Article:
Murphy v. Publicker Industries, Inc.

Annotate this Case

357 Pa. Superior Ct. 409 (1986)

516 A.2d 47

Thomas R. MURPHY, Appellant, v. PUBLICKER INDUSTRIES, INC., Appellee.

Supreme Court of Pennsylvania.

Argued May 29, 1986.

Filed October 6, 1986.

*411 David C. Harrison, Philadelphia, for appellant.

Harry Lore, Philadelphia, for appellee.

Before WIEAND, BECK and JOHNSON, JJ.

BECK, Judge:

Appellant Thomas R. Murphy ("Murphy") was employed by appellee Publicker Industries, Inc. ("Publicker") from September 1951 until his dismissal in April 1979. In March, 1981, Murphy instituted suit for wrongful dismissal against Publicker, alleging that Publicker dismissed him without cause and in breach of Murphy's alleged lifetime employment contract with Publicker. After a jury trial conducted before the Honorable Leon Katz, the jury returned a verdict for Murphy and awarded him $94,000 in damages. On September 9, 1985, Judge Katz granted Publicker's motion *412 for a new trial on the ground that the court's instructions to the jury had not accurately and completely reflected the law of Pennsylvania concerning lifetime employment contracts. This appeal followed.

The issues before us are whether jury instructions that equate the concepts of "lifetime" employment contracts and employment contracts for a "definite" period of time are in error and, if they are, whether that error is harmless.

We hold that a contract for employment for life does not, without more, constitute an enforceable contract for employment for a specific, definite duration and, therefore, instructions that direct the jury to equate these concepts are in error. We further hold that such error was sufficiently prejudicial to Publicker to justify the trial court's grant of a new trial. We affirm the order of the common pleas court.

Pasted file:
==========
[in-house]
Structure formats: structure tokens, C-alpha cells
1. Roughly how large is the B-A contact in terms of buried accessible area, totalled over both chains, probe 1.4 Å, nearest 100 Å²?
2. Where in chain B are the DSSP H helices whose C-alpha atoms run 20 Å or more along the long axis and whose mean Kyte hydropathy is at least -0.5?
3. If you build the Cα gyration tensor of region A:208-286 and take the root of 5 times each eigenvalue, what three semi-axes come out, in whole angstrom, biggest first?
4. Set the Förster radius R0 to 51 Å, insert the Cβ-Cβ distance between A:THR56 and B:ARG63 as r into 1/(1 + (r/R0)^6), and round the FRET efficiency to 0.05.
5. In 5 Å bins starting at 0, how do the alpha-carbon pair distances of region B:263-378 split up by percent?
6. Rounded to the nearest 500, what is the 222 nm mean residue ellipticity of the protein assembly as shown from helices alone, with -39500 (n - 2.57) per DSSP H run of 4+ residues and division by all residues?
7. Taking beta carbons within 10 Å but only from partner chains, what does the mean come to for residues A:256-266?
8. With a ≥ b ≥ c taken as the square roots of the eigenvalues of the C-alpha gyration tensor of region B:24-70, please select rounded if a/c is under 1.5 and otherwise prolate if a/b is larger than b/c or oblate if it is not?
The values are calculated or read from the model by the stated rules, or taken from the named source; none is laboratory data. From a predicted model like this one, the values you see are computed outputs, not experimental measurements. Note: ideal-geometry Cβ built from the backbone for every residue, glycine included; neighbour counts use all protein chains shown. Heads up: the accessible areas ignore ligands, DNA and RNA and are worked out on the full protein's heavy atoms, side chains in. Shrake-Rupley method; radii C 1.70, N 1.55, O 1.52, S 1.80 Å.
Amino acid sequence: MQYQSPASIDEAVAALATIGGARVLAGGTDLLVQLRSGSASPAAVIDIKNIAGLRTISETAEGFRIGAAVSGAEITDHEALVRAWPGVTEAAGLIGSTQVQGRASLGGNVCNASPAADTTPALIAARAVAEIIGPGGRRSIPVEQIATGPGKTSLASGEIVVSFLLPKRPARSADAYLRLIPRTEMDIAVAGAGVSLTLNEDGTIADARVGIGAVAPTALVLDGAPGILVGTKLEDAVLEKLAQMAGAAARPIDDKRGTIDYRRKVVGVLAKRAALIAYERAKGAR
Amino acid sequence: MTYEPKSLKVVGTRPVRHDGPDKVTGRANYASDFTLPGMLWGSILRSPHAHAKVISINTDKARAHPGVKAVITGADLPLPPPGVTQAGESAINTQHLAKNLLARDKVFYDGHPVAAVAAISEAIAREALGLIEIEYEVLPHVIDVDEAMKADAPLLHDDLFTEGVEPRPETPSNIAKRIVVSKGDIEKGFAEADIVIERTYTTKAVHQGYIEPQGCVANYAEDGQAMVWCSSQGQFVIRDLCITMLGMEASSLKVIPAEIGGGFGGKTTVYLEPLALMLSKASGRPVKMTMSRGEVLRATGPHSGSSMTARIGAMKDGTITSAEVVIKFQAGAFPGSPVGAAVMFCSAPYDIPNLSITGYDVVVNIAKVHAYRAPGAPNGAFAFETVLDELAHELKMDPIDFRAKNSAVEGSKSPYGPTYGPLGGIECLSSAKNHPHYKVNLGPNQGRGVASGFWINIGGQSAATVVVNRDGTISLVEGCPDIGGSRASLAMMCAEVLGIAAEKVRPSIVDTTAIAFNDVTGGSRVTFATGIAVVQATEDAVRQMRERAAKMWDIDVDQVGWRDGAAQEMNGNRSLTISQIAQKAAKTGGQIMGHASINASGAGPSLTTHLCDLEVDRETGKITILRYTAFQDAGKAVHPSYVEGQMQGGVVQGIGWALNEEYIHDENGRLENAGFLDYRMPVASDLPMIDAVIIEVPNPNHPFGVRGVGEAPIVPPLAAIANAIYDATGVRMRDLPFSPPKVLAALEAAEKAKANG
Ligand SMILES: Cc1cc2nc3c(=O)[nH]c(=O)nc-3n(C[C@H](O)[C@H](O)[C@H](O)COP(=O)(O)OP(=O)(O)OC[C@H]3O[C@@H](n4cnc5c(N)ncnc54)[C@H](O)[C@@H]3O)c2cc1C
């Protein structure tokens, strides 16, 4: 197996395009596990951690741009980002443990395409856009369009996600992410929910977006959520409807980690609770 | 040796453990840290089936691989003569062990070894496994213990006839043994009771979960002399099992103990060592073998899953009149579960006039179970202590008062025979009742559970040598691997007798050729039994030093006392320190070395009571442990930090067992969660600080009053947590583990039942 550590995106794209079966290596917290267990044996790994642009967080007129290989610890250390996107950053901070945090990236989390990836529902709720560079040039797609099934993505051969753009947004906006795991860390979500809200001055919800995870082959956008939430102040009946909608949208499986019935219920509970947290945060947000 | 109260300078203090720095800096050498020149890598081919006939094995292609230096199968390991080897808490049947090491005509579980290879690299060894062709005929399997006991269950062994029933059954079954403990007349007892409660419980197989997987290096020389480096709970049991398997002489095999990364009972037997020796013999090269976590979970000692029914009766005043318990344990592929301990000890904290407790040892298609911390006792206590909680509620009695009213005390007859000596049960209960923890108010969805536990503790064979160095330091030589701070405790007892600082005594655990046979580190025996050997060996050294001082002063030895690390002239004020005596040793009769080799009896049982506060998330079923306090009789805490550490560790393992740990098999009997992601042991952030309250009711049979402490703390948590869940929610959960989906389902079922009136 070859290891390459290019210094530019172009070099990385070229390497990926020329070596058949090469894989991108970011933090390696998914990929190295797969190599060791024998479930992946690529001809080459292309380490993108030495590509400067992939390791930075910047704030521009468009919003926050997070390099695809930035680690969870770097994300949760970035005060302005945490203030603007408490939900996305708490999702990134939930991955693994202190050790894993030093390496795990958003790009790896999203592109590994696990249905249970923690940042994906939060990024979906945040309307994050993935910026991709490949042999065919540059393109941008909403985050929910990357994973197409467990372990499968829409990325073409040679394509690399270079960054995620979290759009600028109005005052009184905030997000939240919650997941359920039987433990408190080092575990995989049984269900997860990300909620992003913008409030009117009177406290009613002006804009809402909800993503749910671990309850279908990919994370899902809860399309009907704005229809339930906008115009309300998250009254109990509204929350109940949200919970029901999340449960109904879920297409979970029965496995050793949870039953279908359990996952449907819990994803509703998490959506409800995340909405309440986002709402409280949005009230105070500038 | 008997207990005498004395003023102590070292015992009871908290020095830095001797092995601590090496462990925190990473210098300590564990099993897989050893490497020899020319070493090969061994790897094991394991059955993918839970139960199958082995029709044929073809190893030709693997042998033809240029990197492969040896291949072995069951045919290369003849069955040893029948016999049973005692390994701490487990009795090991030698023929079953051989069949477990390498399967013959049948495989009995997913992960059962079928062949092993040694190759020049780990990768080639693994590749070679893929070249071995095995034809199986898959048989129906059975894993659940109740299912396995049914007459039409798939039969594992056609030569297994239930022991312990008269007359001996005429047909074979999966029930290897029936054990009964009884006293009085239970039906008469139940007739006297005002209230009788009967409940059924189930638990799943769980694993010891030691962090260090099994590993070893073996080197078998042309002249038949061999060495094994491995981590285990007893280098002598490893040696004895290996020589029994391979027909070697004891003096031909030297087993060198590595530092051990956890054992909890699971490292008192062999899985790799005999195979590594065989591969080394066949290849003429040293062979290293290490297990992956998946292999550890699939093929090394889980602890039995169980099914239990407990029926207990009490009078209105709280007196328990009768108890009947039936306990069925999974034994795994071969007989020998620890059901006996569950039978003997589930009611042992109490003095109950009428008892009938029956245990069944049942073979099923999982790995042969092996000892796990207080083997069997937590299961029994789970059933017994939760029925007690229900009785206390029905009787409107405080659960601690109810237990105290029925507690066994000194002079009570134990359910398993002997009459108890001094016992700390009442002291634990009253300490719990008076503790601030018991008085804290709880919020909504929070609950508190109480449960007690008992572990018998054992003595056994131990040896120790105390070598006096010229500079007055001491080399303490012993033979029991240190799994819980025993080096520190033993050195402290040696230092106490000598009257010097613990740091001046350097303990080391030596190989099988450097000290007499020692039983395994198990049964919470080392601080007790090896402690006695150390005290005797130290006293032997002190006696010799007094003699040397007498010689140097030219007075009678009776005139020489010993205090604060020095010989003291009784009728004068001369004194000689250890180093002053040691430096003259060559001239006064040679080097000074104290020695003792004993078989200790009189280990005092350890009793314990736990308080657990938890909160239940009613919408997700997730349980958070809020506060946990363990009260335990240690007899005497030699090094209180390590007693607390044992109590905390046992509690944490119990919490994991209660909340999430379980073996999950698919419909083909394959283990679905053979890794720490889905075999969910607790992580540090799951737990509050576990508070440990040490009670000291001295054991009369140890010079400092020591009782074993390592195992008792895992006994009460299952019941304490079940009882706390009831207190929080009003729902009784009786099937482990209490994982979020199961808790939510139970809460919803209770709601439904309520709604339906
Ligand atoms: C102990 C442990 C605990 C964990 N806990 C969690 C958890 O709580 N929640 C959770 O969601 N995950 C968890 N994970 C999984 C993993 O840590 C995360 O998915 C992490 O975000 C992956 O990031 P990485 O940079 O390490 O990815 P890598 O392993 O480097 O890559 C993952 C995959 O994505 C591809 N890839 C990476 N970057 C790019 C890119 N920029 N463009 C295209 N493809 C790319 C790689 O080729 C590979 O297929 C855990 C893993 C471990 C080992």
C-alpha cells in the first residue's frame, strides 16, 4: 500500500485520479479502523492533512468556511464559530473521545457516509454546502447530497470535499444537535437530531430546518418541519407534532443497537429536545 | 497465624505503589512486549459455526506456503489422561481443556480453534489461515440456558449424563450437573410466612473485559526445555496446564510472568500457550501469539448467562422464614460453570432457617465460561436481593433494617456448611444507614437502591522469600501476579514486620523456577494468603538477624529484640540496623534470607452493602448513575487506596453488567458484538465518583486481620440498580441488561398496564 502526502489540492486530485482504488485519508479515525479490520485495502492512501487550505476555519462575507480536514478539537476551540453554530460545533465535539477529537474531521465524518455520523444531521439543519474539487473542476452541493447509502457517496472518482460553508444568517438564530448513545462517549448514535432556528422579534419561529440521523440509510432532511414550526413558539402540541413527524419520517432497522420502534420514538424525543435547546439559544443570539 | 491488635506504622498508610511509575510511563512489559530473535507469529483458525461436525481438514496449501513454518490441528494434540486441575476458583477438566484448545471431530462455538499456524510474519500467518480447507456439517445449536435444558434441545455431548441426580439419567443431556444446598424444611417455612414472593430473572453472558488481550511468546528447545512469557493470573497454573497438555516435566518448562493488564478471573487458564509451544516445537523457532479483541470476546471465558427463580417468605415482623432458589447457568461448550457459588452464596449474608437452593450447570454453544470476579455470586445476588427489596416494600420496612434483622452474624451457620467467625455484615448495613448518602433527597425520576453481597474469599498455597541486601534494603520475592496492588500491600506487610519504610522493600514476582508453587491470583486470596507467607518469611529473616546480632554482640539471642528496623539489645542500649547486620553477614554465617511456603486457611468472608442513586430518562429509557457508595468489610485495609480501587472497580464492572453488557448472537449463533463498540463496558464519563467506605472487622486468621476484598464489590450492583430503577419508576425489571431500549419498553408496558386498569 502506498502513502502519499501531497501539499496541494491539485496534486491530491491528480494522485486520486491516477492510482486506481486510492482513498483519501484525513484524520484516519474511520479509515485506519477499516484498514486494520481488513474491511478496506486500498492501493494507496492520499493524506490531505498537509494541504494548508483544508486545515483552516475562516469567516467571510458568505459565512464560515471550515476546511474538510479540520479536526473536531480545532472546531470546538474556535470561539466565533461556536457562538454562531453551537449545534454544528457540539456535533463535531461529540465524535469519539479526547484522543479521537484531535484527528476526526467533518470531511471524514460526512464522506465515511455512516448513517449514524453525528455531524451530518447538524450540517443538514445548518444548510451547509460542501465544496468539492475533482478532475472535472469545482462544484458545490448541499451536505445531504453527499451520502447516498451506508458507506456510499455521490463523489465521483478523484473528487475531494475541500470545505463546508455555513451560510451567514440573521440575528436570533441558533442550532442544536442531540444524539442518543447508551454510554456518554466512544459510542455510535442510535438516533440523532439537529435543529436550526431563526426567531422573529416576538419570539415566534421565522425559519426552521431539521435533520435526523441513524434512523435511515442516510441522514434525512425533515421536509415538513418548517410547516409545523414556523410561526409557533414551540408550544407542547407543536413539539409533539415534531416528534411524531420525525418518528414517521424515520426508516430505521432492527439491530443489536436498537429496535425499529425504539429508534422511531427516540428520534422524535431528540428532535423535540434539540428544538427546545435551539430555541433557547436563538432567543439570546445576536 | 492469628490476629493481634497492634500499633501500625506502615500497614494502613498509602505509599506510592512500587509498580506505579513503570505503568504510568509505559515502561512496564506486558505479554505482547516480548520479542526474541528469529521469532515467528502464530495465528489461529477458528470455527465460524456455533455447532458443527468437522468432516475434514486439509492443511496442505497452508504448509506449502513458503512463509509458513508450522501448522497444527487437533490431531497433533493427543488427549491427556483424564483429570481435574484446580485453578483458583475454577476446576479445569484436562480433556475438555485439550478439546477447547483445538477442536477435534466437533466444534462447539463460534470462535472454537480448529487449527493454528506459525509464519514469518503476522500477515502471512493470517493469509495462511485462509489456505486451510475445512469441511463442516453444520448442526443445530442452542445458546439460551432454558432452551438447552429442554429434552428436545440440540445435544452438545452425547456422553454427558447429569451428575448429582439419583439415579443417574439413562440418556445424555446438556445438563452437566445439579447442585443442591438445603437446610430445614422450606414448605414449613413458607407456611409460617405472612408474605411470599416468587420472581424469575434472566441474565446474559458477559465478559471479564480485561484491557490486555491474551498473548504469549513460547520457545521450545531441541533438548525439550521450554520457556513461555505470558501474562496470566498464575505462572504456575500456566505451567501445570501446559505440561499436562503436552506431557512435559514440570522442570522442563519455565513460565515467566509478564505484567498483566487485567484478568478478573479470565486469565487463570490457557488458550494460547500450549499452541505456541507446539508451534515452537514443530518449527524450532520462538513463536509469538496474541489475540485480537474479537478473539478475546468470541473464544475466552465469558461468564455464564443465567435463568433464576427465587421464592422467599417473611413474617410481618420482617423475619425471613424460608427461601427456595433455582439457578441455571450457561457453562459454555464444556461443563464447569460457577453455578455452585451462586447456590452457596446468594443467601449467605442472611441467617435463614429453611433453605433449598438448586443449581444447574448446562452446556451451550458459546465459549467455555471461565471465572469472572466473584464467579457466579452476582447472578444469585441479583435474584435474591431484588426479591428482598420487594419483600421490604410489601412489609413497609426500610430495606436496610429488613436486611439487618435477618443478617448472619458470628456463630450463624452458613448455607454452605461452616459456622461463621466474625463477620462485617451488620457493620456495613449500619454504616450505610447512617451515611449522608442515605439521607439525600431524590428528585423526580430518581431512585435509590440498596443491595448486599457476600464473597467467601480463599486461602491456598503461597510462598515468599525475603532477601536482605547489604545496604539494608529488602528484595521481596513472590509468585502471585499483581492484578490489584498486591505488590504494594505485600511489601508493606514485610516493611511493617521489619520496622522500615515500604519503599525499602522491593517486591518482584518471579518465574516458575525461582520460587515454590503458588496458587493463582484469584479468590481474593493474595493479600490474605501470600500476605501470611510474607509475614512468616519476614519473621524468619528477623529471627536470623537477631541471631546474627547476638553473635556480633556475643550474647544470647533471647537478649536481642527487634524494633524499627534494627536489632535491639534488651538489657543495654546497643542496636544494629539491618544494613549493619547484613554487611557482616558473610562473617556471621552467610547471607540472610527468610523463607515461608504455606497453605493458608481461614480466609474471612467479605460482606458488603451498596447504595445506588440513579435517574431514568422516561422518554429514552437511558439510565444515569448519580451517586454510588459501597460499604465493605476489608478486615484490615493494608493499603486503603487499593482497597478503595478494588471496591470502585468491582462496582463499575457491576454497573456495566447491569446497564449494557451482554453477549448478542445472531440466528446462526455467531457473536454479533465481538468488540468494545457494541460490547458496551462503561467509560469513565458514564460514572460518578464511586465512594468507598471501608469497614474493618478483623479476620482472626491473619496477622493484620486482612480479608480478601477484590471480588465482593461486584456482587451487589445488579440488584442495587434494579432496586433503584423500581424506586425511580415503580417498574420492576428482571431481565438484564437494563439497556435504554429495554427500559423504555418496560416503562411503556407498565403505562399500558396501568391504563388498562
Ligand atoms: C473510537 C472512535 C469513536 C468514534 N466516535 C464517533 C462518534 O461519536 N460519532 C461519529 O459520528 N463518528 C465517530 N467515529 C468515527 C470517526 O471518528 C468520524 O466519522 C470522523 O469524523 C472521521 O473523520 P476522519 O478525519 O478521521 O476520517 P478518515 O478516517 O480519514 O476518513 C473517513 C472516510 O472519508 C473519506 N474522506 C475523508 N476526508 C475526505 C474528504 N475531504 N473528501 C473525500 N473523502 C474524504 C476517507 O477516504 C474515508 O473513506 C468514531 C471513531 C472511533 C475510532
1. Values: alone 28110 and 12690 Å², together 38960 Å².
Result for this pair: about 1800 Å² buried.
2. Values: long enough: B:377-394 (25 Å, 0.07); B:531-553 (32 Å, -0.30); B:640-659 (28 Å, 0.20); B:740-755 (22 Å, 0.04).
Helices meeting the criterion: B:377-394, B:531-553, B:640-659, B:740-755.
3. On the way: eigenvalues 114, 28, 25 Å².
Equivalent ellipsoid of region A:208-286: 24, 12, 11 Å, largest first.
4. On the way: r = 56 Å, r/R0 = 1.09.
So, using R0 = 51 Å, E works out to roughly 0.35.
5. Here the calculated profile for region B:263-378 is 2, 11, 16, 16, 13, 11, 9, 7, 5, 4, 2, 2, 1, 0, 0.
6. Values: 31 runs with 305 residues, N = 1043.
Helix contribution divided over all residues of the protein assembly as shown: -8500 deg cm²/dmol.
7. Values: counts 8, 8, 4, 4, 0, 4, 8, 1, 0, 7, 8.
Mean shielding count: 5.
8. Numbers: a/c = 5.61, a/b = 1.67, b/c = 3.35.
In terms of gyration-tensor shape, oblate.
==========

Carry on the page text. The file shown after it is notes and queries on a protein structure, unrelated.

Approximately three years after Murphy began work at Publicker, Publicker's New York district supervisor offered Murphy a promotion. Acceptance of the new position would require Murphy to move his young family to Philadelphia from the New York metropolitan area where they had recently purchased a home and had friends and family. Murphy alleges that the supervisor assured Murphy that if he accepted the new position, he "would be working for the company forever." Allegedly in reliance on this assurance, Murphy accepted the promotion and moved to Philadelphia where he continued in Publicker's employ until his dismissal in 1979.

Murphy contends that this course of events gave rise to an enforceable employment contract pursuant to which Publicker agreed to employ Murphy for life, presumably unless he gave them just cause to fire him by not performing in accordance with the requirements of his position. Although Publicker contends that they did have such cause to fire, the jury apparently believed Murphy's allegation that Publicker fired him without cause. However, Publicker further contends that even if there was no cause to fire, they nevertheless had the legal right to discharge Murphy at any *413 time and for any or no reason because he was an at-will employee with no contract for employment for any definite period of time. Henry v. Pittsburgh & Lake Erie Railroad Co., 139 Pa. 289, 21 A. 157 (1891).

This case is another in a now long series of cases in which the courts of this Commonwealth have recently been called upon to award a discharged employee with no written employment contract relief based on a wider theory of what constitutes an enforceable agreement between an employer and an employee under which the employee has a right to continued employment. Darlington v. General Electric, 350 Pa.Super. 183, 504 A.2d 306 (1986); Banas v. Matthews International Corp., 348 Pa.Super. 464, 502 A.2d 637 (1985).